Wilfred Shaw, in London, took Martius's description of the technique and applied it to the treatment of vesicovaginal fistulas and urinary continence in women. In 1949, he published seven case studies describing results after he had used the Martius flap procedure and other procedures on women. In his publication, Shaw describes the uses of the Martius technique, as described by Martius, and then elaborates on his alternative method to use. Shaw describes how tissue extracted from the exterior of the vagina, or labia major, worked better than the bulbocavernosus muscle because the tissue of the labia major lifted the urethra and the neck of the bladder. The fatty tissue harvested from the vagina could also be used to prevent urine leakage and strengthen the space between the sutured bladder and the anterior vaginal wall. Shaw operated on women afflicted with vesicovaginal fistulas and on women suffering from stress-induced incontinence. He concluded that his modified Martius flap technique was best used for the treatment of vesicovaginal fistulas and not for incontinence.
Some medical professionals have called the procedure a graft, though others claim that it is not a graft due to the type of tissue used. Shahram Ghotb Sajjadi, Örs Péter Hortváth, and Katalin Kalmár, working in Dubai, United Arab Emirates, describe how the procedure works and what material is used for the flap in their 2012 article. According to these authors, the flap may contain skin, fat, or muscle from the labia majora region. Anatomically, there is a distinction betwen fatty tissue from the labia majora and muscle tissue from the bulbocavernous muscle, and most fistula surgeries use only the fatty tissue. Also, the distinction between a graft and a flap is that a graft has no blood supply of its own. Whereas a flap has an integral vascular network and brings its own blood supply with it.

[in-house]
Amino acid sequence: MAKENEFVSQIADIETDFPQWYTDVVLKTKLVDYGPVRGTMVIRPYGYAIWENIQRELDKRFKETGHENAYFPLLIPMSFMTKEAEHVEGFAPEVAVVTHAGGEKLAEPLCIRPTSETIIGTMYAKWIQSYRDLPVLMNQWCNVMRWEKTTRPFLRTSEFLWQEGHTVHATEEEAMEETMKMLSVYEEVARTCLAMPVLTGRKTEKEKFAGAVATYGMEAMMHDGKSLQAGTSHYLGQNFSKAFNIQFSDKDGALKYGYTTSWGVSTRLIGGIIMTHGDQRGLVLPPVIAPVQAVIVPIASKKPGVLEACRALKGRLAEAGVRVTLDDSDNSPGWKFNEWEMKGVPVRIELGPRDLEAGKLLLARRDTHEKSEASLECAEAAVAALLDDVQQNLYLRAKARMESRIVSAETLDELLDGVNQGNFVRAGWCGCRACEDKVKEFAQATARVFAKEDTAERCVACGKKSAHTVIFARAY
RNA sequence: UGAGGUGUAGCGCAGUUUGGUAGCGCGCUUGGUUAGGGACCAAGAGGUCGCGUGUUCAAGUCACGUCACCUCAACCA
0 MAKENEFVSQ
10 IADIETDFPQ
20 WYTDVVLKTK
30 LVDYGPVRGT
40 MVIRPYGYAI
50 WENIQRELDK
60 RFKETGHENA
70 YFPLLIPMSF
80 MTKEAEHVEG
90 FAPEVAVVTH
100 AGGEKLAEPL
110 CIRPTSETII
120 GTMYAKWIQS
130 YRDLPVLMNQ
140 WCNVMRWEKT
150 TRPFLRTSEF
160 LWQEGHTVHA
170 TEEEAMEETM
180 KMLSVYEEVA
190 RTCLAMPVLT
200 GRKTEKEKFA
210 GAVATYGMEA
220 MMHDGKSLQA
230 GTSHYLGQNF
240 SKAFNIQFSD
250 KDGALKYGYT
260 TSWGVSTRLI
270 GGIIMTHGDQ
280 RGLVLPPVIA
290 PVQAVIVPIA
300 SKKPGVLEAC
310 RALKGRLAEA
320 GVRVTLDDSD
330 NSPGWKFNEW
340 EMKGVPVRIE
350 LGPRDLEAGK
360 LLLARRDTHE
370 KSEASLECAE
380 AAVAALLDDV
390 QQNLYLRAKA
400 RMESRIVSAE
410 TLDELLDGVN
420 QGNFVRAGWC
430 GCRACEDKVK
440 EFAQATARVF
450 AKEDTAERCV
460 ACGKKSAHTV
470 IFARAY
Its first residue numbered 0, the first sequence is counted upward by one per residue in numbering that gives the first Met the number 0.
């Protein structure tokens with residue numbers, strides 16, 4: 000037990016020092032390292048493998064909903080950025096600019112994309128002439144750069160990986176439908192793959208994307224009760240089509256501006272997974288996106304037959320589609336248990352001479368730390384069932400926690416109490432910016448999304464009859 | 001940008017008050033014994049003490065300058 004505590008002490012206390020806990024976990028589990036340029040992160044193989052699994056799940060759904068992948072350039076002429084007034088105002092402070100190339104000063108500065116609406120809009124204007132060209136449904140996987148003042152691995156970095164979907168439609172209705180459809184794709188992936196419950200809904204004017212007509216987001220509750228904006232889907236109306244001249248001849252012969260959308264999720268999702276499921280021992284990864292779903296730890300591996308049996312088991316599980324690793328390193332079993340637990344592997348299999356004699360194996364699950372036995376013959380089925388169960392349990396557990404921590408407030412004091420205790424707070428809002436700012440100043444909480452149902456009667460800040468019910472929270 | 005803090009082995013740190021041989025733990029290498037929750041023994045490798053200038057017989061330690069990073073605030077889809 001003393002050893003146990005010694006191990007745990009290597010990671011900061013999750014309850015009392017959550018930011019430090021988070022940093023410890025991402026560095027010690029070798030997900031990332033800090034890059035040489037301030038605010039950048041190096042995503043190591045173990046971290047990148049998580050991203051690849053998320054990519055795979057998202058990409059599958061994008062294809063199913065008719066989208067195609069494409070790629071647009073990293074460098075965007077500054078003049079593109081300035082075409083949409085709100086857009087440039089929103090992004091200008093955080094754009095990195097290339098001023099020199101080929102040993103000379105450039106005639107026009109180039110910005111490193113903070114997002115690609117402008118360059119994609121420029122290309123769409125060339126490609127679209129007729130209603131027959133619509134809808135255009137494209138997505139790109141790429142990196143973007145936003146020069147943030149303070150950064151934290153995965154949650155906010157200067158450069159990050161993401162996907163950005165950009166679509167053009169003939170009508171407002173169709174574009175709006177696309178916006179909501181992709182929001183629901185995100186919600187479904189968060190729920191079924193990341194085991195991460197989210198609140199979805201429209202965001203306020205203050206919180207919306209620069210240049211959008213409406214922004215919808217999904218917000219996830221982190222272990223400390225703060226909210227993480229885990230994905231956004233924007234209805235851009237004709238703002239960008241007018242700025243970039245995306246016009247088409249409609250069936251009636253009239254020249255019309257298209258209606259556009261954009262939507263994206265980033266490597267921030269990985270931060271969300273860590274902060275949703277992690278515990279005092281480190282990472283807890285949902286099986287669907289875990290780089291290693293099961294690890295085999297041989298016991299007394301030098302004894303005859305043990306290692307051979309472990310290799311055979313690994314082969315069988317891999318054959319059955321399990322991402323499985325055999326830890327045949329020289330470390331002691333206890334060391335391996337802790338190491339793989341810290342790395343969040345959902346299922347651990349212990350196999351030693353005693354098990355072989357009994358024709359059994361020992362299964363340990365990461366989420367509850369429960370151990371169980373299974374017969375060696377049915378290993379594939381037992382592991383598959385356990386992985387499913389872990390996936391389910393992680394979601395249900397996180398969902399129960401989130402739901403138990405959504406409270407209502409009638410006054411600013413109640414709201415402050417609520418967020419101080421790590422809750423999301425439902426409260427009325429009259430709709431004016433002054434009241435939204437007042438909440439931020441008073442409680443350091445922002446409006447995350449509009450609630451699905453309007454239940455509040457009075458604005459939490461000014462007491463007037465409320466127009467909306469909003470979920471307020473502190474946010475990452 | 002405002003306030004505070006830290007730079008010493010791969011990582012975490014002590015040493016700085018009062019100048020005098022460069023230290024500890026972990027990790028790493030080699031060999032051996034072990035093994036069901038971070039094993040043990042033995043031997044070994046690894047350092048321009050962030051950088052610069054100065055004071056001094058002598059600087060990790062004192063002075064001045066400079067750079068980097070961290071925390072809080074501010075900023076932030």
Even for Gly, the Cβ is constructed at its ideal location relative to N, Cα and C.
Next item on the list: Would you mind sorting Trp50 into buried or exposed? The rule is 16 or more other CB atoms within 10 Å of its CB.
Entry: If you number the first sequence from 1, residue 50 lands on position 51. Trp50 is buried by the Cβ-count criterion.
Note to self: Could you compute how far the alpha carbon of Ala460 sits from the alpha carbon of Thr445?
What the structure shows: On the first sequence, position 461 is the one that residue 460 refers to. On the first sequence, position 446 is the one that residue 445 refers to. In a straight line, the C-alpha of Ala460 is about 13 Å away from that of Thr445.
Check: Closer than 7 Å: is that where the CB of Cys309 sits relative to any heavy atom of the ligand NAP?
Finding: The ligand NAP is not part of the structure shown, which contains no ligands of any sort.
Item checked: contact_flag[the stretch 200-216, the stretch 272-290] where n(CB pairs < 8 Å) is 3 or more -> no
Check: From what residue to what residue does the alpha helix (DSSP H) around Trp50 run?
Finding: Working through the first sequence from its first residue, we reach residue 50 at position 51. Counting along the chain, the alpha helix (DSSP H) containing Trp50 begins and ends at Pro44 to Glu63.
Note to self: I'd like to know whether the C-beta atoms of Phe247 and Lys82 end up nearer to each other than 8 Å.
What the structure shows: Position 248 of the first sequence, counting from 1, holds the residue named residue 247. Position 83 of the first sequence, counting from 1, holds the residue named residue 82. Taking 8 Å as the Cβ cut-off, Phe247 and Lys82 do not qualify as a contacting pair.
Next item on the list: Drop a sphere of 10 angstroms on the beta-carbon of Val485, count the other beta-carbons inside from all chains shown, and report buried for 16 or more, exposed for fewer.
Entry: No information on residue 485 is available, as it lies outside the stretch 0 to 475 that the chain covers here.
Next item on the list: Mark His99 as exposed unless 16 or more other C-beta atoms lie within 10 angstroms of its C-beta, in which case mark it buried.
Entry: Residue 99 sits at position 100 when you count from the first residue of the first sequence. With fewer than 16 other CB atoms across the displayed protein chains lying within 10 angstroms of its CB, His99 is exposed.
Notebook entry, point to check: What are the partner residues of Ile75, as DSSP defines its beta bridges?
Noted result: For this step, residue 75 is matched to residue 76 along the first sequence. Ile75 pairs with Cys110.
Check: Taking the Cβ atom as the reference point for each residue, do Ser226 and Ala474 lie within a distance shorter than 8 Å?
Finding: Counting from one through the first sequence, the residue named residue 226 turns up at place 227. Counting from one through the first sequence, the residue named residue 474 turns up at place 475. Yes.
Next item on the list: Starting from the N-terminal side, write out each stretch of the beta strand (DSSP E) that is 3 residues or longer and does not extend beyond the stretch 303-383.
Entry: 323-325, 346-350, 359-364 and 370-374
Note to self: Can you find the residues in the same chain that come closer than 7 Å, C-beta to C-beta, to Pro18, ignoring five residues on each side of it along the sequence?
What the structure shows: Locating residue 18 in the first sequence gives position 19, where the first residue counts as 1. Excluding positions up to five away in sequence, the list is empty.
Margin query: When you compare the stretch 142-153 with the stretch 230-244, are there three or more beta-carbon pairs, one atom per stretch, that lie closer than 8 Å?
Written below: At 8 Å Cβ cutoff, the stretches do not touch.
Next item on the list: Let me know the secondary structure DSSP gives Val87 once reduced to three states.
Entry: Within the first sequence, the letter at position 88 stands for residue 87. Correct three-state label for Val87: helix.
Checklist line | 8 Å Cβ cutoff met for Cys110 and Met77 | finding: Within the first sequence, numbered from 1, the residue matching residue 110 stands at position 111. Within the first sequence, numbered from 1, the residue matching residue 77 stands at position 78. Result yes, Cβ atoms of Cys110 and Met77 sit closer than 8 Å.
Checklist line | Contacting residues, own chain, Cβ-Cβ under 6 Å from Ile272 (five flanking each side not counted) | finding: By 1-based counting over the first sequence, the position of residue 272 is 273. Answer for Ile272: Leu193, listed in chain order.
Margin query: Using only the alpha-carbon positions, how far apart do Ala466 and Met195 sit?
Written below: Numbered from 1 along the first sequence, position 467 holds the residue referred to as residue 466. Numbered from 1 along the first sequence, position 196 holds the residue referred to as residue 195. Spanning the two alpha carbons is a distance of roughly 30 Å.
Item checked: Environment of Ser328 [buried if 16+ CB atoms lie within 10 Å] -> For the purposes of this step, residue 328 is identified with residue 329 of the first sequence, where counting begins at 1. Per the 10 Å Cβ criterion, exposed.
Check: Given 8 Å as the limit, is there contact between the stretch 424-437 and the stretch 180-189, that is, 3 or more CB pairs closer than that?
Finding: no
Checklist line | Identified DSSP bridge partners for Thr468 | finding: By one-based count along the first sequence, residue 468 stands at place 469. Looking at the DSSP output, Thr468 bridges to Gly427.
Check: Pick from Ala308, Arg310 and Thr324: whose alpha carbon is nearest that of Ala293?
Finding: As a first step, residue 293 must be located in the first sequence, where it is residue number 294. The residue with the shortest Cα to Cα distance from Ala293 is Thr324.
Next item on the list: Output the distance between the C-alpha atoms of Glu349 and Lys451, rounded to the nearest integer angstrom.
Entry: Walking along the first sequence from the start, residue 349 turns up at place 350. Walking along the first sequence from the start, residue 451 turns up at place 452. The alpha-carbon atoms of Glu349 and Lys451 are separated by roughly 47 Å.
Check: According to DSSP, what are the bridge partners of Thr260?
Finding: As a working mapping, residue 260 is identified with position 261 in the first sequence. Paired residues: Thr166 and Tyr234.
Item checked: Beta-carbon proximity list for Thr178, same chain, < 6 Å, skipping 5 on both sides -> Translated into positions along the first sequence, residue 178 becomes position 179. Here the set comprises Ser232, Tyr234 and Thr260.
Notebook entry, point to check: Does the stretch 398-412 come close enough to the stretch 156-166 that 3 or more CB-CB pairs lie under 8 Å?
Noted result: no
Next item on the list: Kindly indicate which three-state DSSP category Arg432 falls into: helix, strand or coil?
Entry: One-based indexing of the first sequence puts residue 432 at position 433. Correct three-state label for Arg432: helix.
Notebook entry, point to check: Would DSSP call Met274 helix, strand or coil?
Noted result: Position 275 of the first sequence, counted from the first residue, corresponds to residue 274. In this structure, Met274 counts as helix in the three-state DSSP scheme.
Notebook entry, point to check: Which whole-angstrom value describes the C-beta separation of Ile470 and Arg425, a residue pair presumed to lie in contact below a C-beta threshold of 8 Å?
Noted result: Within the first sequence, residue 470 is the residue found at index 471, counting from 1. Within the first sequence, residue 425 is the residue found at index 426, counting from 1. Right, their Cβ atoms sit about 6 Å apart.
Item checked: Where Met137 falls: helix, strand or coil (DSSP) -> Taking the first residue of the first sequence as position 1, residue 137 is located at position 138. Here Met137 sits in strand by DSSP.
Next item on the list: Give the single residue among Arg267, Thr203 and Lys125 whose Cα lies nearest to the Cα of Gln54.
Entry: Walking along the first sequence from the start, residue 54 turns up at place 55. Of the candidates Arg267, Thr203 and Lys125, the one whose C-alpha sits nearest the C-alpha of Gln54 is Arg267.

Doctors have used the Martius flap procedure to improve success rates in repeated fistula operations when the first operation was not successful. John Chassar Moir in England and Catherine Hamlin in Ethiopia used the Martius flap procedure in the twentieth century with vesicovaginal fistulas to reinforce earlier repair surgeries. By doing so, they showed that better results are attained when the technique is used as a supplement to simple repair surgeries, such as suturing. In Hamlin's biography, A Hospital by the River, she credits the work of Heinrich Martius as instrumental to her life's work with fistula treatments in Ethiopia.
In most cases, the procedure causes no disfigurement to the donor site, and surgeons continue to improve the rate of successful recovery. The Martius flap procedure has also been used in other surgical applications in diseases not specifically related to obstetric fistulas. At the turn of the twentieth century, the annual reported incidence of vesicovaginal fistula was sometimes as high as 500,000 cases worldwide, with a majority of these occurring after obstructed deliveries. Obstetric fistulas of the vesicovaginal variety were most prevalent in developing countries that lacked access to prenatal and antenatal care. The Martius flap was not necessary for fistula repair surgery, but as an addition to typical surgical procedures, it helped keep fistulas closed, diminishing the probability of urinary, or fecal, incontinence.